Along with Sanders, Elizabeth warren, another Democratic Party politician sent a letter to Froman, "With millions of families still struggling to recover from the last financial crisis and the Great Recession that followed, we cannot afford a trade deal that undermines the government's ability to protect the American economy.", she wrote, stressing that one of her major concerns is the right of corporations to sue governments or take governments to court as Exxon and other oil companies have done in order to stop legislation harmful to their interests.

As far as Hilary Clinton goes, she is being very wary as she will not want to hurt her chances of becoming the first female president of the US. She has said that that whatever agreement is reached needs to protect American workers and have appropriate safeguards which is the usual vague nonsense.  Like Obama and all of them, she will feel more comfortable telling the truth after she gets elected.

While Sander’s and others are correct in pointing out that corporate interests are involved in structuring the accord this writer for one would have to disagree with his implication that elected officials “representing the American people have little or no knowledge as to what is in it,"

European protests against TPP in April 2015
What we have here is a dispute between different wings of the ruling class and their respective political representatives in this country.  Sanders and his colleagues in the Democratic Party, particularly the populist Elizabeth Warren are concerned that unfettered corporate control, giving the more aggressive wing of the 1% too free a hand will exacerbate an already untenable wealth inequality in the country.  These representatives of the 1% are well aware of the anger beneath the surface of US society and the potential for social unrest that will arise as a consequence of aggressive policies that add fuel to the fire.

The US imported $1.71 billion in footwear from Vietnam alone last year according to the WSJ, “…generating income for shareholders of Nike and other firms, along with their designers, retailers, distributors and back-office employees. “ the paper concludes.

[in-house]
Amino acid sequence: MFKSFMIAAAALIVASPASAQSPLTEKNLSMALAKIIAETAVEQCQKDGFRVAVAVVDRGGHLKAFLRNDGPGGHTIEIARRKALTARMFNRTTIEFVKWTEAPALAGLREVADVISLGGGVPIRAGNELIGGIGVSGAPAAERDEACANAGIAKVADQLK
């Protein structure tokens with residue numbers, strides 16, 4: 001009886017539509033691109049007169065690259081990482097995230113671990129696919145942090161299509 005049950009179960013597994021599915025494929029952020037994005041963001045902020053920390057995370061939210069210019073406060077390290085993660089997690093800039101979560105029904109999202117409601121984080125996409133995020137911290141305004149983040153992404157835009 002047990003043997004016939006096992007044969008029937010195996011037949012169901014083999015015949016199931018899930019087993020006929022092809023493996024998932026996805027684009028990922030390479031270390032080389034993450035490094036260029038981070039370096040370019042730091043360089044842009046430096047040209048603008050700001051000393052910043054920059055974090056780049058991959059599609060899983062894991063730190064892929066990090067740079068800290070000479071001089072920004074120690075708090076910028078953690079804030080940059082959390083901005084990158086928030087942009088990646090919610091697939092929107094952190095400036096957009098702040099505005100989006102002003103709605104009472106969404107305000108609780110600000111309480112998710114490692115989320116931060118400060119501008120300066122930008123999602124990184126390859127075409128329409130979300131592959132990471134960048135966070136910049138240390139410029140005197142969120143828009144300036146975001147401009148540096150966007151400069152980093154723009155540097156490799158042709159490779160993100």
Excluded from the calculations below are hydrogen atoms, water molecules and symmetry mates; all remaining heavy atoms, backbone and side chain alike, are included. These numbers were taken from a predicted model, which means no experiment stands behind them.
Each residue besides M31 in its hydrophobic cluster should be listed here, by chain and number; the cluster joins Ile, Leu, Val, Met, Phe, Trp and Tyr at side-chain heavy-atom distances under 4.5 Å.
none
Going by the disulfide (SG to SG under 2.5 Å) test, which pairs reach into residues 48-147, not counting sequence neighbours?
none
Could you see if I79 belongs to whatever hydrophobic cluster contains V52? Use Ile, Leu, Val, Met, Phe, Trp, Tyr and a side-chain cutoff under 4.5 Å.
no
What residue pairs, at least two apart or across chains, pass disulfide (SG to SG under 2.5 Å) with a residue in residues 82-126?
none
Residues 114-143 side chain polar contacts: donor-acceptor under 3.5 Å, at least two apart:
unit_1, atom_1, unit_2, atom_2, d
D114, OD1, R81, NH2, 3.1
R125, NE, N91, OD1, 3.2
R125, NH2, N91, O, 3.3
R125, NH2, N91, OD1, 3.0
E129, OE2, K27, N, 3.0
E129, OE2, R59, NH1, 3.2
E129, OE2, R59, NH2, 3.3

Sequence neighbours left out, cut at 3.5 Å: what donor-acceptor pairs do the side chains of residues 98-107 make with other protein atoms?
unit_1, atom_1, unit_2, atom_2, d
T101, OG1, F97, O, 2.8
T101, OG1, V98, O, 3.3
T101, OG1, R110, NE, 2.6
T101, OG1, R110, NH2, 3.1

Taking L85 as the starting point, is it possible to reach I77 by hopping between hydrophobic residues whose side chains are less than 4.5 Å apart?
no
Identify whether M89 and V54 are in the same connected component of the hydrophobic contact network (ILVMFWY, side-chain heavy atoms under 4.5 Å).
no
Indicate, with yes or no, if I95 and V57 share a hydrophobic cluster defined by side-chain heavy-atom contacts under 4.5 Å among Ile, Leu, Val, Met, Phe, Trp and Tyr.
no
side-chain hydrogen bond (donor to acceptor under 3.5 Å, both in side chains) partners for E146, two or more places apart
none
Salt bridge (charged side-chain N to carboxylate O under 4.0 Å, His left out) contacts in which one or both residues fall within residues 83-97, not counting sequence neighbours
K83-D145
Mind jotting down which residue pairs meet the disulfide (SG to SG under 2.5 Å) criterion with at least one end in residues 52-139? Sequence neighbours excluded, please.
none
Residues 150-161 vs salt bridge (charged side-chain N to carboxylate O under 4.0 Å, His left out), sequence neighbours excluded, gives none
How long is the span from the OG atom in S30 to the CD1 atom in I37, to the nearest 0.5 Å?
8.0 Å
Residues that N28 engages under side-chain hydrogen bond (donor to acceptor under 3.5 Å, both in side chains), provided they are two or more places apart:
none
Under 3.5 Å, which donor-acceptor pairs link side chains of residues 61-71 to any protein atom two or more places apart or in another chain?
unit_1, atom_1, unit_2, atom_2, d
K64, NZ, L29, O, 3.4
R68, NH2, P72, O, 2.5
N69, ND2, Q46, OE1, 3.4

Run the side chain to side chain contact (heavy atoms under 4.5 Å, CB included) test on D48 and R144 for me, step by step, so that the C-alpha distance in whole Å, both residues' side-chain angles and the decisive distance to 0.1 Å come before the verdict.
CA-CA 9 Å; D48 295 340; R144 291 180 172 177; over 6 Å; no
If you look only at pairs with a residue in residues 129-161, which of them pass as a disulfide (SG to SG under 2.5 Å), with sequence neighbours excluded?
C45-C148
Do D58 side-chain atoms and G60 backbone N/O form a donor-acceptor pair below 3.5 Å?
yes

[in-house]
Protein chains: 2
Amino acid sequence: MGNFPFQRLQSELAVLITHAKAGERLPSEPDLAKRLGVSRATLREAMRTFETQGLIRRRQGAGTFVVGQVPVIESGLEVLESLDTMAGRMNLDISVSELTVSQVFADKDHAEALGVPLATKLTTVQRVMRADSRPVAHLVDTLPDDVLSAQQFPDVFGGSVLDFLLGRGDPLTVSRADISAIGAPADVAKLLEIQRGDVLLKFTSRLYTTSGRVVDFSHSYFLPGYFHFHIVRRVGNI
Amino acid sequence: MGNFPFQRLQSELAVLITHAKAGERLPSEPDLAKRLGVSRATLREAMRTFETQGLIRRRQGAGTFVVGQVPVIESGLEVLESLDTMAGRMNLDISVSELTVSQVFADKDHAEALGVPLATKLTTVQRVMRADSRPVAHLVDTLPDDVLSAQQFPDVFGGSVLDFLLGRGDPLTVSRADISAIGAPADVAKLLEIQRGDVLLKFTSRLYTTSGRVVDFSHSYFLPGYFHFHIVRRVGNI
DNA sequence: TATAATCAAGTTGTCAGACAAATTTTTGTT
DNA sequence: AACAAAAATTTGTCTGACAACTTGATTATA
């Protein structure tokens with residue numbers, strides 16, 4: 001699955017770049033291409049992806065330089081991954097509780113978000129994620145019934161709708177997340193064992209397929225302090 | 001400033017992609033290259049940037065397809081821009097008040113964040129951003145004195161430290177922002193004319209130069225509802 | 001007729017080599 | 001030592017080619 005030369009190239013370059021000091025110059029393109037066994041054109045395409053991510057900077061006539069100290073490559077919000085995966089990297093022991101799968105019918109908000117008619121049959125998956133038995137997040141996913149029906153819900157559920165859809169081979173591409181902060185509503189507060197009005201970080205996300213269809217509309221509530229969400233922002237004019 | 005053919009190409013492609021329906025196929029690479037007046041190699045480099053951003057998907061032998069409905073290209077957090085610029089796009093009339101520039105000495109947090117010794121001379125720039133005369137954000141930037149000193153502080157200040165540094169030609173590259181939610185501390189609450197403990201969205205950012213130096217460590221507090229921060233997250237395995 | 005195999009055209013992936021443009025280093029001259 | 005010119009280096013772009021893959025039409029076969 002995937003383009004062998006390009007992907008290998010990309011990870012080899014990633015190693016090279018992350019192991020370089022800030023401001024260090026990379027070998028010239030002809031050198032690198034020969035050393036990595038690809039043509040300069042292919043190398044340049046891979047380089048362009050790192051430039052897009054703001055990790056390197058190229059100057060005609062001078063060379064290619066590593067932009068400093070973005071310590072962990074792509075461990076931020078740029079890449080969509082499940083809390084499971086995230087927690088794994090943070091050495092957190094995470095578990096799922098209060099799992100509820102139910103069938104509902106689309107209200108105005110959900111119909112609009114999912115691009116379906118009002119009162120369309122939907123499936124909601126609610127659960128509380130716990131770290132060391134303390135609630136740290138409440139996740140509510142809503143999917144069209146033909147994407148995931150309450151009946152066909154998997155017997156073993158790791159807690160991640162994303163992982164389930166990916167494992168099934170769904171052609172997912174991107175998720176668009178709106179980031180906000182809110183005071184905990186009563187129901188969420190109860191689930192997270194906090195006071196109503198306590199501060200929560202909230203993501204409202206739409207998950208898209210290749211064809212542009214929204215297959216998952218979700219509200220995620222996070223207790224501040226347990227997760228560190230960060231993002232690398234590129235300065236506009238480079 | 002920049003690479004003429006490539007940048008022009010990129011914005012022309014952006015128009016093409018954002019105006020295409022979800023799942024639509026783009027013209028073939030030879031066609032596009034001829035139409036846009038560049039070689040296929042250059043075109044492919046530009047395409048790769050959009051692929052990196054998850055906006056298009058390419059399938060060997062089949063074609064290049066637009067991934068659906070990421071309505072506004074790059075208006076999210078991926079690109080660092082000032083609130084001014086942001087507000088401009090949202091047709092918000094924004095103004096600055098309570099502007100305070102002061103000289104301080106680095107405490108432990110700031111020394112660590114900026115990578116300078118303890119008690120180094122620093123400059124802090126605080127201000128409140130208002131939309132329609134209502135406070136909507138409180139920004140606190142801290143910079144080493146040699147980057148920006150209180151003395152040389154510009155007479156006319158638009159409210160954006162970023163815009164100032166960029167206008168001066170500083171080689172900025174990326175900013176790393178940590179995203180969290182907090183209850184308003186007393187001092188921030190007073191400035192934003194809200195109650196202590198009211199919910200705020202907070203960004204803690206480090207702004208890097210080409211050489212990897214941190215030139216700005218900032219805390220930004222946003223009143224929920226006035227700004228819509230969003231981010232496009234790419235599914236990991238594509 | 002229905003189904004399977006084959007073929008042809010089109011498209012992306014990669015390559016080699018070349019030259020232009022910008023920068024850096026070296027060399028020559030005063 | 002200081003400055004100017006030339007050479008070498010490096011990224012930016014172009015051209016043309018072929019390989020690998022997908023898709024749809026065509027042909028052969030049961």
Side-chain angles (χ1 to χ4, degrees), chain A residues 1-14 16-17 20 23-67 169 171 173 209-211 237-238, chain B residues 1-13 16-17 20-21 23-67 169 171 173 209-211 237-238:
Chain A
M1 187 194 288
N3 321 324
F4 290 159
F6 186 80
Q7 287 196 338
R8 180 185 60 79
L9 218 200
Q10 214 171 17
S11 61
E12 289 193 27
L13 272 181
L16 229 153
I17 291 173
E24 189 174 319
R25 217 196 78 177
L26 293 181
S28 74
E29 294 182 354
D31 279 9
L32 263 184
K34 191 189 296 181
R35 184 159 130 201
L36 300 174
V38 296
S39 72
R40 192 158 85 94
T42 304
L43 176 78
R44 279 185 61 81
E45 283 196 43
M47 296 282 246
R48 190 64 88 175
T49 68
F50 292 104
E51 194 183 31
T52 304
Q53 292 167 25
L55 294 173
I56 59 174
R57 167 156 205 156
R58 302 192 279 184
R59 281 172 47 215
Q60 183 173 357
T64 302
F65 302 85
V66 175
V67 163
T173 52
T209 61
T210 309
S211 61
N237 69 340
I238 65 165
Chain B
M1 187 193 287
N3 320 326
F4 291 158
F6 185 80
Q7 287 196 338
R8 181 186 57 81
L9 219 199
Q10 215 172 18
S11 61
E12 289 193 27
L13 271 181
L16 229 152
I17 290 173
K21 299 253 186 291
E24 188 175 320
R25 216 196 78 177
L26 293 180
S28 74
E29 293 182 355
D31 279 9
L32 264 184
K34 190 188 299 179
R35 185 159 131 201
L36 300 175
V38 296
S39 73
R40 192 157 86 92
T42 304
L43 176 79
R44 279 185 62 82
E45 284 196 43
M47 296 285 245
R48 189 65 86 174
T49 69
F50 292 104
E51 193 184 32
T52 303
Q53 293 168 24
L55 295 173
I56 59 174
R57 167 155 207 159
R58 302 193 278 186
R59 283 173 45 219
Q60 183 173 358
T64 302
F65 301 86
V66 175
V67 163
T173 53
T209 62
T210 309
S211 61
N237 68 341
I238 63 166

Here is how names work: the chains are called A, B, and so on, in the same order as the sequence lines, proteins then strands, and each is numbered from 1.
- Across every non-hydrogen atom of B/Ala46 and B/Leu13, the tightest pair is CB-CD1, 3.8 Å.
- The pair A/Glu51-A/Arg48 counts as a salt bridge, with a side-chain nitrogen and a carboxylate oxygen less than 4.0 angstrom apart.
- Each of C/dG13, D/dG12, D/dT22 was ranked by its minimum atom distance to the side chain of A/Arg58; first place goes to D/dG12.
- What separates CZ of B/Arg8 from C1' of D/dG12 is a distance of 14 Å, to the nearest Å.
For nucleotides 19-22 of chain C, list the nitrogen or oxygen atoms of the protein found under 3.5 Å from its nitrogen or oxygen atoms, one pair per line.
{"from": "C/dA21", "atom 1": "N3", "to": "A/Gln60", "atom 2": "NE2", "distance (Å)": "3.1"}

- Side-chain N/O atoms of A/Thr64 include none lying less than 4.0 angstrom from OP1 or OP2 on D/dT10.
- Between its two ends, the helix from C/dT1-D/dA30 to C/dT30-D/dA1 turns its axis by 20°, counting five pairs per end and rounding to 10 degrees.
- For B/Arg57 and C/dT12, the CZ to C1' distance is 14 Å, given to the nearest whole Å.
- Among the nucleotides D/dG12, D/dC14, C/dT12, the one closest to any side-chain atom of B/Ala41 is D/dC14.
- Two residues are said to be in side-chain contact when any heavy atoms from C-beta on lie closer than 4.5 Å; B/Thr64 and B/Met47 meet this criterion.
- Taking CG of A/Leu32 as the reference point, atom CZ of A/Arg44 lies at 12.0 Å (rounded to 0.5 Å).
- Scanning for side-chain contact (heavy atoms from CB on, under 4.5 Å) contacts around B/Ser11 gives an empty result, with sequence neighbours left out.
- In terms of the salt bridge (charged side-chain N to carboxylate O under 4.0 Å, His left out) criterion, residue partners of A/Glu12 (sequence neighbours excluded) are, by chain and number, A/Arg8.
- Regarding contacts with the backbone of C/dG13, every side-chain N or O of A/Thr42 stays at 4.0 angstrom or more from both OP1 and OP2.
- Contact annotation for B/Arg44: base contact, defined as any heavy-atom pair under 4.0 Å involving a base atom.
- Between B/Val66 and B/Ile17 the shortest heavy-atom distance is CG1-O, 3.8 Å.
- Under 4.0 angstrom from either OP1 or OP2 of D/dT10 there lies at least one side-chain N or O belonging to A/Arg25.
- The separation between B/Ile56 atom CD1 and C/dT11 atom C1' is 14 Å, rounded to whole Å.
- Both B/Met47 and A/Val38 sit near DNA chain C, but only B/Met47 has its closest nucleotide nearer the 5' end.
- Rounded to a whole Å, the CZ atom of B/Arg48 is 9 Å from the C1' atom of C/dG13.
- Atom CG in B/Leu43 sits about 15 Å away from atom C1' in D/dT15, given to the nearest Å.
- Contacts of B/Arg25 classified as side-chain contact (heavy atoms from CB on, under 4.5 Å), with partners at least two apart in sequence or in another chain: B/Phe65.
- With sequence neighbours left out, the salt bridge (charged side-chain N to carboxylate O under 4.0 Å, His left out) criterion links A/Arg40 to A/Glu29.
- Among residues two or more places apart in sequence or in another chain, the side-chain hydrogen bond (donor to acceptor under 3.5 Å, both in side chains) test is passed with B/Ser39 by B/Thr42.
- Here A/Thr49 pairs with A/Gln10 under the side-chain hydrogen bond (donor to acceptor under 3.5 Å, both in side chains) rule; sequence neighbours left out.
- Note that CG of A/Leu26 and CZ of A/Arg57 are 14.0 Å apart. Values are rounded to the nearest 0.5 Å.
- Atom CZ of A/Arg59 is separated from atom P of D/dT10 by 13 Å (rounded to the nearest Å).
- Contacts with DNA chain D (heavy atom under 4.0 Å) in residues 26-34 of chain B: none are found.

These massive profits that allow individuals like Nike’s Phil Knight accumulate more than $23 billion in personal wealth impose extreme hardship and misery on those whose labor power is the source of that wealth.  And all the talk of such agreements between the representatives of corporate power ensuring safe conditions, better wages and what one commentator call“American labor standards” is all phony.  For one thing, American labor standards are not so hot anymore as our living standards have been driven downward.

But, as I point out, owners of capital like Phil Knight don’t invest capital in order to improve people’s living standards.  They are not attracted to Vietnam or Cambodia for egalitarian reasons. These people, although Forbes describes the likes of Knight as “self made” are absolutely ruthless characters.

In an earlier post I commented on the situation in Cambodia where workers were shot for striking for higher pay.  Cambodia has lots of cheap labor, cheaper than China’s and Chinese capitalists are shifting production to places like Cambodia and Vietnam for a more lucrative profit-making environment.   Wages did rise a little after the Cambodian government murdered striking garment workers on behalf of the local manufacturers and global retailers like WalMart. That was not welcomed by the Cambodian capitalists or their powerful global allies in the west who, for all their talk about “labor standards” held up production in the event Cambodian workers’ efforts to improve their lot went too far and they'd have to shut up shop.

Ken Loo, the head of the Cambodian Garment Manufacturers Association defended the low wages they pay making it clear when he says that the garment industry, “migrates from one country to another, it moves around seeking out the country with the lowest labor cost.”  They speak the truth sometimes you see.  Investors will always will take this road until capital, and its allocation is taken out of private hands.

The TPP and so-called free trade is not good for US workers whether Bernie Sanders or other members of Congress get to vote on it or not.  The difference between the antagonists in this issue is one of degrees, not whether or not capitalist globalization is a bad thing.  On the need for free trade and US dominance of world markets and the super exploitation of workers in the weaker economies, they speak with one voice.